Inside the dressing room of women’s boutique Intermix on the Upper West Side, Karen Chmielnicki, 43, is taking in the view.
“I really feel great,” she says, admiring herself in a red silk wrap dress in the three-way mirror. “I would never have pulled this off the rack.” For that, Chmielnicki — an actress and real estate broker — has her “fashion mentor” Ania Schwartzman to thank.
Schwartzman, 46, isn’t a stylist, but rather a clinical psychologist who has been in practice in New York for 18 years. This spring, she launched a personal wardrobe consultancy.“It sounds a little goofy, but I totally believe that fashion makes a difference in how you feel,” Schwartzman tells The Post.
Mindful dressing is a movement that’s gaining momentum: the Fashion Institute of Technology even offers fashion psychology classes led by Dawnn Karen, who holds a master’s degree in counseling psychology from Columbia University and teaches students how color and clothing affect human behavior.
Schwartzman, on the other hand, is more interested in field work — going shopping with clients. “I don’t do therapy with them, but I’m therapeutic,” she says of her approach.
Though she’s always been into fashion — she once worked at Zara and a Madison Avenue shoe store — Schwartzman didn’t hit upon wardrobe consultancy until last year.
That’s when she offered to help a friend find a new dress for her daughter’s graduation. But the pal, who was in the midst of a divorce, was falling apart.
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“The stylists in the store kept saying, ‘Oh, that looks so cute,’ as she was sobbing,” Schwartzman says. “They didn’t know what to do with her. I knew I could apply my psychology experience and my passion for fashion into a business.”
Her fashion clients — none of whom are her regular patients — are people “in transition”: recent divorcées, empty nesters, new moms, women celebrating a milestone birthday, or just looking to get out of a life rut.
“How you dress is not the only thing that will make you feel good in life, but it’s still a piece of it,” says Schwartzman, who still maintains a private practice for children and adults on the Upper West Side. “It’s a mindset that holds us back. You either believe things can change or you believe they can’t. Everything else is mental noise.”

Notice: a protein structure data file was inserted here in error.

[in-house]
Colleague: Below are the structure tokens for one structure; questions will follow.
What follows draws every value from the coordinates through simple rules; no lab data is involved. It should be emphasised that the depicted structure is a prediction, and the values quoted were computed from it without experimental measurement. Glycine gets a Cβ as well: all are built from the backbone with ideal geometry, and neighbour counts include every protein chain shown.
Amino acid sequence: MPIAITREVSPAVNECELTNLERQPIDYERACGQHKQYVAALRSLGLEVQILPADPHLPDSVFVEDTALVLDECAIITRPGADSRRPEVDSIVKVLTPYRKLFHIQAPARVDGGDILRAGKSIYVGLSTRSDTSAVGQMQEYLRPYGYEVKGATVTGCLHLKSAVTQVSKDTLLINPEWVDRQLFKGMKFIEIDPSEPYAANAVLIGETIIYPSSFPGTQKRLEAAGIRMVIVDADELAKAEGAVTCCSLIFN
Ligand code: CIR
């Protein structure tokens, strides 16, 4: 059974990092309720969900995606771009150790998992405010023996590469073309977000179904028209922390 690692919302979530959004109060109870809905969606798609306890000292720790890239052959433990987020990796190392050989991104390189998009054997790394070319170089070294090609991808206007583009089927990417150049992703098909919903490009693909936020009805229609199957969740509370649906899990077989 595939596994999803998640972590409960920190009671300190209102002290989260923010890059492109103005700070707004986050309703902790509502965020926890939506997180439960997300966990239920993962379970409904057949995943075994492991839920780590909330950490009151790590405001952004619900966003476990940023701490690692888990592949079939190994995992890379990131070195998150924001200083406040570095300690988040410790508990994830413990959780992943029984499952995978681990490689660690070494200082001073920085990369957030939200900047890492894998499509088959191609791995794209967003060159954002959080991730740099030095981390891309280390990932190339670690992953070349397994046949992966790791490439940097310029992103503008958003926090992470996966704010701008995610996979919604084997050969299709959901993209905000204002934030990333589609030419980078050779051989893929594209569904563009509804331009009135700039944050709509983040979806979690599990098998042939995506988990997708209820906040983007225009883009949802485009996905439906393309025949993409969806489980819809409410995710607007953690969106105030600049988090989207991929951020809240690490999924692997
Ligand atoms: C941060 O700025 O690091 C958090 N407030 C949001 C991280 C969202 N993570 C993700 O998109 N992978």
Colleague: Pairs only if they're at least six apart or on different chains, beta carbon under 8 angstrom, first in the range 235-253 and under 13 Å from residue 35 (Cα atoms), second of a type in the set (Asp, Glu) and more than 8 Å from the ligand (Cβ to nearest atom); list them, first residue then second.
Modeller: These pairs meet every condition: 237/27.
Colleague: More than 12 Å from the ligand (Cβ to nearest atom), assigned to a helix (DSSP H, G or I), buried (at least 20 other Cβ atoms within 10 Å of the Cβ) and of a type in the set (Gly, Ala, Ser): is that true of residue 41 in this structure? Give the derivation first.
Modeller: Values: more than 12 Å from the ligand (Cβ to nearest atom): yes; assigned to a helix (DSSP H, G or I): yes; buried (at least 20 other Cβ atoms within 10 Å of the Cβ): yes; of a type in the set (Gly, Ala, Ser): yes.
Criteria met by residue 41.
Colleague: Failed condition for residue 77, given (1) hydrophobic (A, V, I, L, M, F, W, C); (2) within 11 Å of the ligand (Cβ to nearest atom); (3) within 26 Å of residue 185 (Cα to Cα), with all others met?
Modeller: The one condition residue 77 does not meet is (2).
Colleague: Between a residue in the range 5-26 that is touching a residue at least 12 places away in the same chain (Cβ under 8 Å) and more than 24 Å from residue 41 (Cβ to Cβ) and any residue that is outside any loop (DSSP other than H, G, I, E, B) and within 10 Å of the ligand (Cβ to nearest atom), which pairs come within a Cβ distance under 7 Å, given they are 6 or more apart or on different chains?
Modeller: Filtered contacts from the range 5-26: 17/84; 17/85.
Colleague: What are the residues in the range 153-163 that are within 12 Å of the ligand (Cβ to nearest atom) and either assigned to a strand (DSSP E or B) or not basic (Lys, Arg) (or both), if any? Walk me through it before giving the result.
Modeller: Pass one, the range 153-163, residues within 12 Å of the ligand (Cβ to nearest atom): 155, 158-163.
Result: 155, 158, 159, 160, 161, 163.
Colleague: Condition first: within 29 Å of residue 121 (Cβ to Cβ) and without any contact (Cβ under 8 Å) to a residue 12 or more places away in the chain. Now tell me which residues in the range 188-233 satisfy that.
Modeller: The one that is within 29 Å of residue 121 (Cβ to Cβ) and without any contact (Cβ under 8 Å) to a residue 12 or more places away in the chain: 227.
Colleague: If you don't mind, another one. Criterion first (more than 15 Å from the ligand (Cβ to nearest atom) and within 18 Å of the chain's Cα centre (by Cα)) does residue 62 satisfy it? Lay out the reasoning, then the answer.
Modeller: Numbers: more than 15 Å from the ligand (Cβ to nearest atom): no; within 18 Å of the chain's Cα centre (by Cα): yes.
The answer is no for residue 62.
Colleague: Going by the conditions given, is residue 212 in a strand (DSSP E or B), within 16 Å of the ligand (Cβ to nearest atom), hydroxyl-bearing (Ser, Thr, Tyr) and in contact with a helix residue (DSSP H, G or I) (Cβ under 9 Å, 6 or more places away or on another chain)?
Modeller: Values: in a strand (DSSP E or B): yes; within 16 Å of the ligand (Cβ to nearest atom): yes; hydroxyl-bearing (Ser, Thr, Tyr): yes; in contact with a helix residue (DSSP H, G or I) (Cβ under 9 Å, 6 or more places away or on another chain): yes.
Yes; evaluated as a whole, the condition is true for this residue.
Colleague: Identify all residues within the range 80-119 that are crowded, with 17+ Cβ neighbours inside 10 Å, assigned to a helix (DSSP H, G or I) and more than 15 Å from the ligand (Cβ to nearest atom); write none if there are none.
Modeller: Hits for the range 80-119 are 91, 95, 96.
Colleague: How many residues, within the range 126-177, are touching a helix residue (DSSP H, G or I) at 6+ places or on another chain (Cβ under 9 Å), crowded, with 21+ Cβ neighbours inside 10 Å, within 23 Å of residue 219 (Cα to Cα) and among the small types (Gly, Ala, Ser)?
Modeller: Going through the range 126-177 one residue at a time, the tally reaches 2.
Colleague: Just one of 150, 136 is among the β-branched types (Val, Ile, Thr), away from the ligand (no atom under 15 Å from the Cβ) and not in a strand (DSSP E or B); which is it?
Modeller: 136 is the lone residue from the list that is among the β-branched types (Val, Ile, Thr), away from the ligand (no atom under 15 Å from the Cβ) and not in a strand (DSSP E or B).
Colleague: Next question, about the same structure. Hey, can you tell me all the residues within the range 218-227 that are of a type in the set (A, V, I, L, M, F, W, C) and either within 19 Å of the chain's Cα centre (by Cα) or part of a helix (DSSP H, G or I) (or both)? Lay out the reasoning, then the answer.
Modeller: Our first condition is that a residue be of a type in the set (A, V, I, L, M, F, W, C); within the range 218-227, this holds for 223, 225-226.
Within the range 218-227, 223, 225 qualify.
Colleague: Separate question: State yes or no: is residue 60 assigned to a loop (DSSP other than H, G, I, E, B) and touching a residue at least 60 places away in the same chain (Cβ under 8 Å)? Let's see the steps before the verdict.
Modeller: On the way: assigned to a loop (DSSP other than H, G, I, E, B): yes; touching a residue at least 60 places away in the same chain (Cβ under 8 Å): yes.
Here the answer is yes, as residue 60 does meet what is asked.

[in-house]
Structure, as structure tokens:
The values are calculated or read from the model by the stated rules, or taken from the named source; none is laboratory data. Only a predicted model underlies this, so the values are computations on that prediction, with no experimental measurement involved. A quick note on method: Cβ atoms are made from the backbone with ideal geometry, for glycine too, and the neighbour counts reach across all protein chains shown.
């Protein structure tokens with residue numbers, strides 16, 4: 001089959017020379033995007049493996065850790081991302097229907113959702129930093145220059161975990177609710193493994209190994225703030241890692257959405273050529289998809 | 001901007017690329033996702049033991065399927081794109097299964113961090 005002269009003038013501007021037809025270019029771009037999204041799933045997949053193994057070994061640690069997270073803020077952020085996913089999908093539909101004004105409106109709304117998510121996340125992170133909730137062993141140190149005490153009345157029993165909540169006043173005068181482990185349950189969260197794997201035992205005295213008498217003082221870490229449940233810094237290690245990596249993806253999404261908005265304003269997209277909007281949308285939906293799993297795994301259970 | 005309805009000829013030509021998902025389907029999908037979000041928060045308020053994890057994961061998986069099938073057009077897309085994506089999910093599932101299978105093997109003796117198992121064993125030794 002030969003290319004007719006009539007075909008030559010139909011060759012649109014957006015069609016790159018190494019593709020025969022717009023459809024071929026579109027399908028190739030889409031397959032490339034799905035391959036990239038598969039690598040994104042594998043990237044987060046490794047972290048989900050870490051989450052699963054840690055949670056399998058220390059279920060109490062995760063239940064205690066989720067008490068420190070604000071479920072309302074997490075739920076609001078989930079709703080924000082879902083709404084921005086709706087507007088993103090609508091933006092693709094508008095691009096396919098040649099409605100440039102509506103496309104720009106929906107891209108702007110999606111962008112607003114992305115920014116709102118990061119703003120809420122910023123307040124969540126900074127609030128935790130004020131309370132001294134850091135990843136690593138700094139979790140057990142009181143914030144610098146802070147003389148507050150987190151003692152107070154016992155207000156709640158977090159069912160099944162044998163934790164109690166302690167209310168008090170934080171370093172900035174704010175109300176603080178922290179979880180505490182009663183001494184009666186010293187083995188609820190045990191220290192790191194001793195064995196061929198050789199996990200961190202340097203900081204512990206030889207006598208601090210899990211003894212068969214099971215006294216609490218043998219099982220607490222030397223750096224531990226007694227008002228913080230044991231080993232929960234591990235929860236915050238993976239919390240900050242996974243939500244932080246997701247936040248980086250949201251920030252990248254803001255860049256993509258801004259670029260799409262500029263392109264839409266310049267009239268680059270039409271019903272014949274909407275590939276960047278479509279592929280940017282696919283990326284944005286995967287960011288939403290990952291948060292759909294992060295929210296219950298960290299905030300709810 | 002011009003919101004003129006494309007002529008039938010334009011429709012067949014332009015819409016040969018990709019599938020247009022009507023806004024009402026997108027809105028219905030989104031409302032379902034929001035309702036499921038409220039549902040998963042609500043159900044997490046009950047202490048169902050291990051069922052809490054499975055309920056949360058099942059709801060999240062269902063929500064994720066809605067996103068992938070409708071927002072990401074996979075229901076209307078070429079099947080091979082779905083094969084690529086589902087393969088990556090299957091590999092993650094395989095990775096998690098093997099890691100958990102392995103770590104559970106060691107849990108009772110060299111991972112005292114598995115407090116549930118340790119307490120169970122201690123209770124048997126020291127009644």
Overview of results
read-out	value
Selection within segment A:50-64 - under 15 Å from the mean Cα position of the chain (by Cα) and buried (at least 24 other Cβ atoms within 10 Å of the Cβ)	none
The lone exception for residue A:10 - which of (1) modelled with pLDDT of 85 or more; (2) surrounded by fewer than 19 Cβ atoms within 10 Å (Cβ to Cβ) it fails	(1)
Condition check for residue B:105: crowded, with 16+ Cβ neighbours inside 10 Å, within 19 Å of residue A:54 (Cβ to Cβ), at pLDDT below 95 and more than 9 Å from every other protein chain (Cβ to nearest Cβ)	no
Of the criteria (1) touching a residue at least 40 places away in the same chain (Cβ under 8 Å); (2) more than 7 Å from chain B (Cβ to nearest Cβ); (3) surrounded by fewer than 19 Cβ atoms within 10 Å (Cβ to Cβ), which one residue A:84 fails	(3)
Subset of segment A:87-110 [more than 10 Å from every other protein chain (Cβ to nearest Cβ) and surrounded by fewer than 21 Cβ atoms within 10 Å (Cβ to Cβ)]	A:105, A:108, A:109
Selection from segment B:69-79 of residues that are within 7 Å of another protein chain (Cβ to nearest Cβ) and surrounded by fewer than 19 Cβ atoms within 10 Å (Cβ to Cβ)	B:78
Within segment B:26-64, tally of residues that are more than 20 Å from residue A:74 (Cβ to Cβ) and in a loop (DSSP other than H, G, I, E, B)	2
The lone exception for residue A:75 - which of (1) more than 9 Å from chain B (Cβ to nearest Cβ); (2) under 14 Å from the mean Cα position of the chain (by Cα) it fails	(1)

Chmielnicki says she felt “stuck” before working with Schwartzman. “My uniform is ripped jeans, a denim shirt and Converse sneakers. It’s not sophisticated,” she says, adding that she feels pressure to look and act young in the competitive acting world.
But, by working with Schwartzman, she’s discovered her wardrobe choices reveal a lot about her mental state.
“I had a fear of being a true adult. We came to that together. It’s the issue of getting older and wanting to stay a kid as long as possible,” Chmielnicki says.
“I’ve been holding myself back subconsciously. Sophistication can make you feel good and not necessarily make you feel old,” she adds. “Ania helped me see that . . . She’s my Rachel Zoe, with a psychology degree.”
Before clients schedule official shopping sessions, they fill out a questionnaire to be discussed with Schwartzman over coffee or by phone. It asks questions like “How do you cope with the changes in your life?,” “What are your biggest daily struggles?” and “What obstacles get in the way of achieving your aspirations?”
A shopping session with Schwartzman costs $250 an hour, and she recommends a series of three so that she can help build up a new wardrobe and unearth buried confidence. “After a few sessions, they’ve stepped out of their comfort zone,” she says. “They’ve taken risks and can live life feeling hopeful.”
While analyzing outfits, Schwartzman does a mix of soft and serious probing, in an attempt to find out how certain pieces make her clients feel. “It’s more than, ‘Yeah, honey, I’ve been through that too,’ ” Schwartzman says.
Her frankness with Chmielnicki, especially when it came to her tattered tees and jeans, was eye opening.
“Ania said, ‘That’s a very young look for you.’ No one else has said that,” Chmielnicki says. “Her psychology background definitely made me feel more comfortable talking about that.”
Donning a pair of heels for the first time in years, she says the reflection in the mirror finally looks like an adult. Says Chmielnicki: “I feel sexier than ever.”
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